If you’ve noticed that some of your games on Windows 10 have been particularly unresponsive in the last week, you aren’t alone. Microsoft confirmed that a recent Windows 10 update, patch KB4482887, introduced a bug that dramatically increased lag. Don’t sweat it, though. Microsoft has, thankfully, dealt with the issue quickly in a new patch, KB4489899, which reportedly fixes the issue.
Tagged With windows update
There's a lesson almost everyone learns the hard way. Having a tried and tested backup regime is critical for protecting your data. But if you haven't yet learned that lesson, and you were one of the unfortunate people who were smashed with the recent Windows 10 update that deleted files then you'll be looking for file recovery options.
Here are the steps you need to take - before and after disaster strikes.
Microsoft just snatched defeat from the jaws of victory, and is delaying its Spring Creator's Update (codenamed Redstone 4) due to a bug that resulted in an increase in Blue Screen of Death crashes. Luckily, the issue was spotted in an Insider build of Windows 10, specifically build 17133, meant for developers and not public consumption. Thank goodness for nerds, am I right?
With Windows 10 now receiving biannual updates, keeping up with changes is quite challenging. The Windows Insider program allows you to receive previews of upcoming updates like the Windows 10 Fall Creators Update which is expected during our Spring. I've been living on the edge and running updates from the Fast Ring of the Windows Insider program. A new update, Windows 10 Insider Preview Build 16226 for PC, was made available today and it promises to fix a number of issues from the last release and add some new features.
Make no mistake -- running Windows Update is an essential part of keeping your PC secure. But there's nothing more annoying than Windows suddenly deciding that it's going to install an update and shutting everything down in front of your eyes without so much as a dialog box appearing. Here's how to stop that happening.
Windows XP Service Pack 3 has been out since April, but it's only now being widely pushed out onto Australian desktops via Windows Update, meaning that pretty much everyone is going to have to deal with it regardless of their geek status. For most people, that means a hefty download (60MB or more) and the usual delays and reboots to have a fully-patched PC. But what if the service pack doesn't install? Read on for our guide to fixing some common SP3 problems.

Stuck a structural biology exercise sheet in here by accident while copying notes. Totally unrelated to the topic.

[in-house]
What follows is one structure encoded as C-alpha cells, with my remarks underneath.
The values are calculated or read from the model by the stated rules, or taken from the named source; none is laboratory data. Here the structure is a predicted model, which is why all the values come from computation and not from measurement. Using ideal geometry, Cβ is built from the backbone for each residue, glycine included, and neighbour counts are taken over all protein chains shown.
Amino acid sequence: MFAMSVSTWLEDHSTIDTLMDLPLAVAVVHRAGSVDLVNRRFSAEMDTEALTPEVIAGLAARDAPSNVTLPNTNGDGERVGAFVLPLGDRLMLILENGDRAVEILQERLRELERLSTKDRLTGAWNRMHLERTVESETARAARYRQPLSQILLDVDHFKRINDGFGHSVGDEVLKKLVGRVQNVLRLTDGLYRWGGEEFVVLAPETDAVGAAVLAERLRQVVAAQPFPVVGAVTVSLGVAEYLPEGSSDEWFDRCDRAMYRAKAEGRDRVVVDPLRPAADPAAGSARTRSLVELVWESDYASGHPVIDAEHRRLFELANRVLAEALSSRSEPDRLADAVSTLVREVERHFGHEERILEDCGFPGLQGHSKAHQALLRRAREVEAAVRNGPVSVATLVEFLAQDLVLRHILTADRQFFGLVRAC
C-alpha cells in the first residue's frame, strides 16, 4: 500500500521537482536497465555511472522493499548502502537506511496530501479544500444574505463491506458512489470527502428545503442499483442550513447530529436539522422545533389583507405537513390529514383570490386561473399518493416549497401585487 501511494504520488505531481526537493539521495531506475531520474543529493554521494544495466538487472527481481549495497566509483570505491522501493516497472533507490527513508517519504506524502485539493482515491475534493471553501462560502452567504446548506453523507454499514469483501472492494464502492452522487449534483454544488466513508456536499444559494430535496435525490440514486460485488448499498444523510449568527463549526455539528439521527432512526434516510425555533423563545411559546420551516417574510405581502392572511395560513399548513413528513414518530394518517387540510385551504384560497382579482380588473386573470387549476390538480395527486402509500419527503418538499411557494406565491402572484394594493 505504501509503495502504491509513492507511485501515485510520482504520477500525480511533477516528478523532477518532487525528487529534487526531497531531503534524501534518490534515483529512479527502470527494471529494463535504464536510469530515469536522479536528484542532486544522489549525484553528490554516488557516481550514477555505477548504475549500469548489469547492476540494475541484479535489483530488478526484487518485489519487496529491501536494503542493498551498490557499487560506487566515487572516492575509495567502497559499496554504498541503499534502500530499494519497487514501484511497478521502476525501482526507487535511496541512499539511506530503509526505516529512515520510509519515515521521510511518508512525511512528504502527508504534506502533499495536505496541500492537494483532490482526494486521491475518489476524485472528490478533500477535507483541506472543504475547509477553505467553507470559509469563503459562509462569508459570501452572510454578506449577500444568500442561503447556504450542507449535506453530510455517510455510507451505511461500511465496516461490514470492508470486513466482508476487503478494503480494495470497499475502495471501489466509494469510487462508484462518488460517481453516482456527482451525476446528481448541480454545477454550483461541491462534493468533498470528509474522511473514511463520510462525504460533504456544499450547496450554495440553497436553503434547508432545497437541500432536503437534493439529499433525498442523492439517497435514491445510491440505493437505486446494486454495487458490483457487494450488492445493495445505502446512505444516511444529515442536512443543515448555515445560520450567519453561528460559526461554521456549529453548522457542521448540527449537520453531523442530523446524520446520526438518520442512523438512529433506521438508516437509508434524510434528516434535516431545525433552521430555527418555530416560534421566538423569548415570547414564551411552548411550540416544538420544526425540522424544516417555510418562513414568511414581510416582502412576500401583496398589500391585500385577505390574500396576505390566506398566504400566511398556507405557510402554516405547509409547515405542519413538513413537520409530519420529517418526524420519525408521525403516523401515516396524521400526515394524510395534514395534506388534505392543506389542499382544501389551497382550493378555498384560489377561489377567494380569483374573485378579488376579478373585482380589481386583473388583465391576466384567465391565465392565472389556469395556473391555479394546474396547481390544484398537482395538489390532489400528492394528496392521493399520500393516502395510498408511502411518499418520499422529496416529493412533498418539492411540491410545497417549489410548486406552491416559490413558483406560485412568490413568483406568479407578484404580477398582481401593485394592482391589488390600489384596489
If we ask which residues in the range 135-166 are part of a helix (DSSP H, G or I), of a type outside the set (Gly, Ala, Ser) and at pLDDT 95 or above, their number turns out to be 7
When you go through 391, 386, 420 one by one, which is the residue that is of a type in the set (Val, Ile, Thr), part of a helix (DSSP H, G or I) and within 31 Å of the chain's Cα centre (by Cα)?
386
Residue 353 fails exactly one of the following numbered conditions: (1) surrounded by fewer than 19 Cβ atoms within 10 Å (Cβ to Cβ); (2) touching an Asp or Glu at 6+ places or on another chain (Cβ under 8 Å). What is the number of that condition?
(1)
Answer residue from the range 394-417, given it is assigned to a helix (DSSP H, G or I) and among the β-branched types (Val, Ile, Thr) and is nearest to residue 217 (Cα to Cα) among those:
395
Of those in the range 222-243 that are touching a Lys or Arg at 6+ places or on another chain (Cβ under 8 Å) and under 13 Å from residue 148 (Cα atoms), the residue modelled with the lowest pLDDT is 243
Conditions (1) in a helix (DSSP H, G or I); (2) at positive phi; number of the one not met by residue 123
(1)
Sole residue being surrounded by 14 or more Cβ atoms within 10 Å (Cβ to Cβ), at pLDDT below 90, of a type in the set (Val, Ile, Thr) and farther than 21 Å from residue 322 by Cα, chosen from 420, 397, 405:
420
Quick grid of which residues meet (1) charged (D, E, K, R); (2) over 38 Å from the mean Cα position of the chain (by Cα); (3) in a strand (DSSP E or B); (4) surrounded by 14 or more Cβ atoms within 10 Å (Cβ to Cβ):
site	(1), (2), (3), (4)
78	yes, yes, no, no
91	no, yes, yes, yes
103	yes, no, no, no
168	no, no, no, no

Windows only: We know it's kind of pathetic to get all excited about something as mundane as a service pack—yet here we are, hearts all a-patter because XP SP3 and Vista SP1 have been unleashed on Windows Update and at the Microsoft Download Center. Get thee to patching your PC! Why should you? Our complete field guide to XP Service Pack 3 holds all the answers.
Windows only: WinUpdatesList, a free utility for Windows, lets you see what updates your system has grabbed during its existence, and provides quick links to Microsoft Knowledge Base articles related to each one. Why would you use this instead of heading to the Windows Update server, you ask? If you're without internet and want to see which update borked your system, perhaps, or if you want to pre-download and slipstream updates into a custom-made Windows install CD. Since it's a self-contained app, no real installation is required, so use and discard at your discretion. WinUpdatesList is a free download for Windows systems (except Vista). WinUpdatesList
As anyone who's reinstalled Windows XP knows, there have been a lot, and I mean a lot, of updates issued for the operating system, and waiting for them to install (/restart/install/restart) can be laborious, to say the least. Luckily, one helpful soul has done the good work of compiling all the patches made to Windows XP since Service Pack 2 was released and creating a tool to make an XP install CD that contains all those changes. You download the roughly 50 MB file, point a utility at your install CD's i386 directory, then wait for it to make you a new folder you can burn to disc. We've pointed out other offline updaters in the wake of the dearly departed AutoPatcher, but this one seems to grab more than just security updates and could save some serious time. RyanVM's Windows XP Post-SP2 Update Pack
Windows only: Selectively enable or disable the automatic system restart that's applied after certain Windows Updates with freeware application Auto Reboot Remover. While I'm sure Microsoft had good intentions when they pushed out the automatic update reboot, good intentions don't make you feel any better when you return to your computer after grabbing a bite to find out Windows decided to reboot and—naturally—did not happen to save the important files you were working on before it did so. We've covered this idea in more roundabout ways in the past, but Auto Reboot Remover is the quickest, easiest way to disable the auto reboot process. Auto Reboot Remover is freeware, Windows only. The download page is kind of a pain, but you'll find the right link about halfway down the freeware section.